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Non-Eventful Interest Rate Increase

| October 02, 2018
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The highly anticipated announcement from the Federal Reserve became a reality on Wednesday when we learned that interest rates increased by an additional 0.25%, as it relates to the interest rate controlled by the Federal Reserve – the Federal Funds Rate.  Such a rate should not be confused with the rate that consumers receive on bank loans.  Rather, such a rate is tied to lending between financial institutions and to transactions that occur between financial institutions and the Federal Reserve.  The Fed Funds Rate does in fact impact retail based interest rates tied to mortgages and car loans but such rates tend to be higher that the Fed Funds Rate itself.  The reaction by global market participants remained relatively quiet to the decision to increase rates.  One of the main reasons for it, in our opinion, stems from the clear guidance that the Federal Reserve has maintained over the past year.  Their intentions were clear – the economy is firing on all cylinders and the decision to maintain an interest rate normalization path remains a healthy one.  Given the current low level of inflationary pressures, the decision to raise interest rates now may be a useful tool to combat the potential for higher than anticipated inflation figures over the next few years.  Moreover, higher interest rates now, amidst an environment where consumer sentiment remains elevated and corporate profits hover at record highs, may allow the Federal Reserve to act in times of economic stress, whenever that may appear over the next few years.  We’ve discussed in our previous commentaries that we believe the current economic cycle is near its peak.  Following such peaks, economic cycles have historically become more subdued before the next cycle begins.  The concept of a subdued cycle may be one of lower consumer demand for goods and higher inflation figures.  This may also be indicative of a mild recession, which is a healthy occurrence and has been historically evident over 7-9 year cycles.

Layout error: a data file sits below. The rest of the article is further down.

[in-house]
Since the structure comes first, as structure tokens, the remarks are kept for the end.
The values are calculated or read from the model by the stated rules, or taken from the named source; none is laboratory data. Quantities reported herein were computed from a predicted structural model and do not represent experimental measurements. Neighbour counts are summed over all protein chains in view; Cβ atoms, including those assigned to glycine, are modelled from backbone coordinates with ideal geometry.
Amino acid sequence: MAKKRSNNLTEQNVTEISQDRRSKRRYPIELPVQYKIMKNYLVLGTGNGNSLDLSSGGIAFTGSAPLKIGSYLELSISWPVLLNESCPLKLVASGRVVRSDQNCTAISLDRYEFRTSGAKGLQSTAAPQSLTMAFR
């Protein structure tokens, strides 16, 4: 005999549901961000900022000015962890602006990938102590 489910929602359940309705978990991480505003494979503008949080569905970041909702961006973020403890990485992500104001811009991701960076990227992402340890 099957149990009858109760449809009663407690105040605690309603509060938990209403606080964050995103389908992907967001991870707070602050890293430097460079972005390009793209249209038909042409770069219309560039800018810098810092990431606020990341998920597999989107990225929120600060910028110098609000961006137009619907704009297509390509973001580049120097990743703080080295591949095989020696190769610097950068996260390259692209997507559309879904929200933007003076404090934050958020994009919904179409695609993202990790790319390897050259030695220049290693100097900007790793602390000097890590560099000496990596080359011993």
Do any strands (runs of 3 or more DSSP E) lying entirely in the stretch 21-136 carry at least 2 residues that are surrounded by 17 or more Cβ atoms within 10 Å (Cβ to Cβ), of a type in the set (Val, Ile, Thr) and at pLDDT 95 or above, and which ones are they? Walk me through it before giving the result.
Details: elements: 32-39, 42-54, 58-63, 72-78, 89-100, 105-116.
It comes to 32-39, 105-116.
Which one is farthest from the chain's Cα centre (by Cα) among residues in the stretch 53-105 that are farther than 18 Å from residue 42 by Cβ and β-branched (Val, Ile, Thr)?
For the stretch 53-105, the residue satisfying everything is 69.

Although globally equity markets captured losses for the week, our assessment is that the outcome was not entirely associated with the actions of the Federal Reserve.  Our main convictions behind that statement have to do with the fact that the Fed’s actions were anticipated and priced-in, so to speak.  Additionally, the U.S. ten year treasury yield failed to produce any meaningful activity.  In fact, the ten year yield remained neutral, and the Barclays U.S. Aggregate Bond index finished the week higher by 0.17%.  Such a return goes against the conventional wisdom that downside returns are typically associated with Federal Reserve decisions to raise interest rates.  Despite that return, however, it’s important to note that the index is down nearly -1.60% for the year.  As the economy further expands, the notion of higher interest rates, and the potential for higher inflation, may likely pose roadblocks to positive returns for fixed income investments.  As a result, our internal assessment is one that does not favor such exposure over the long-term.  The added benefit of long-term equity exposure, despite the potential for higher volatility, may be a more sound approach to long-term success for many investors with a time horizon of greater than seven years. 

As it relates to the aforementioned equity market downside, which caused the MSCI World Equity Index to close the week lower by 0.64%, the rhetoric tied to trade discussions between the U.S. Canada, as well as political news stemming from Italy and the United Kingdom, may have attributed more to volatility than the actions of the Federal Reserve. 

 

Investment Policy Committee:

 

Investment advice offered through CX Institutional, a registered investment advisor.

The opinions voiced in this material are for general information only and are not intended to provide specific advice or recommendations for any individual. To determine which investment(s) may be appropriate for you, consult your financial advisor prior to investing. All performance referenced is historical and is no guarantee of future results. All indices are unmanaged and cannot be invested into directly. The economic forecasts set forth in the presentation may not develop as predicted.

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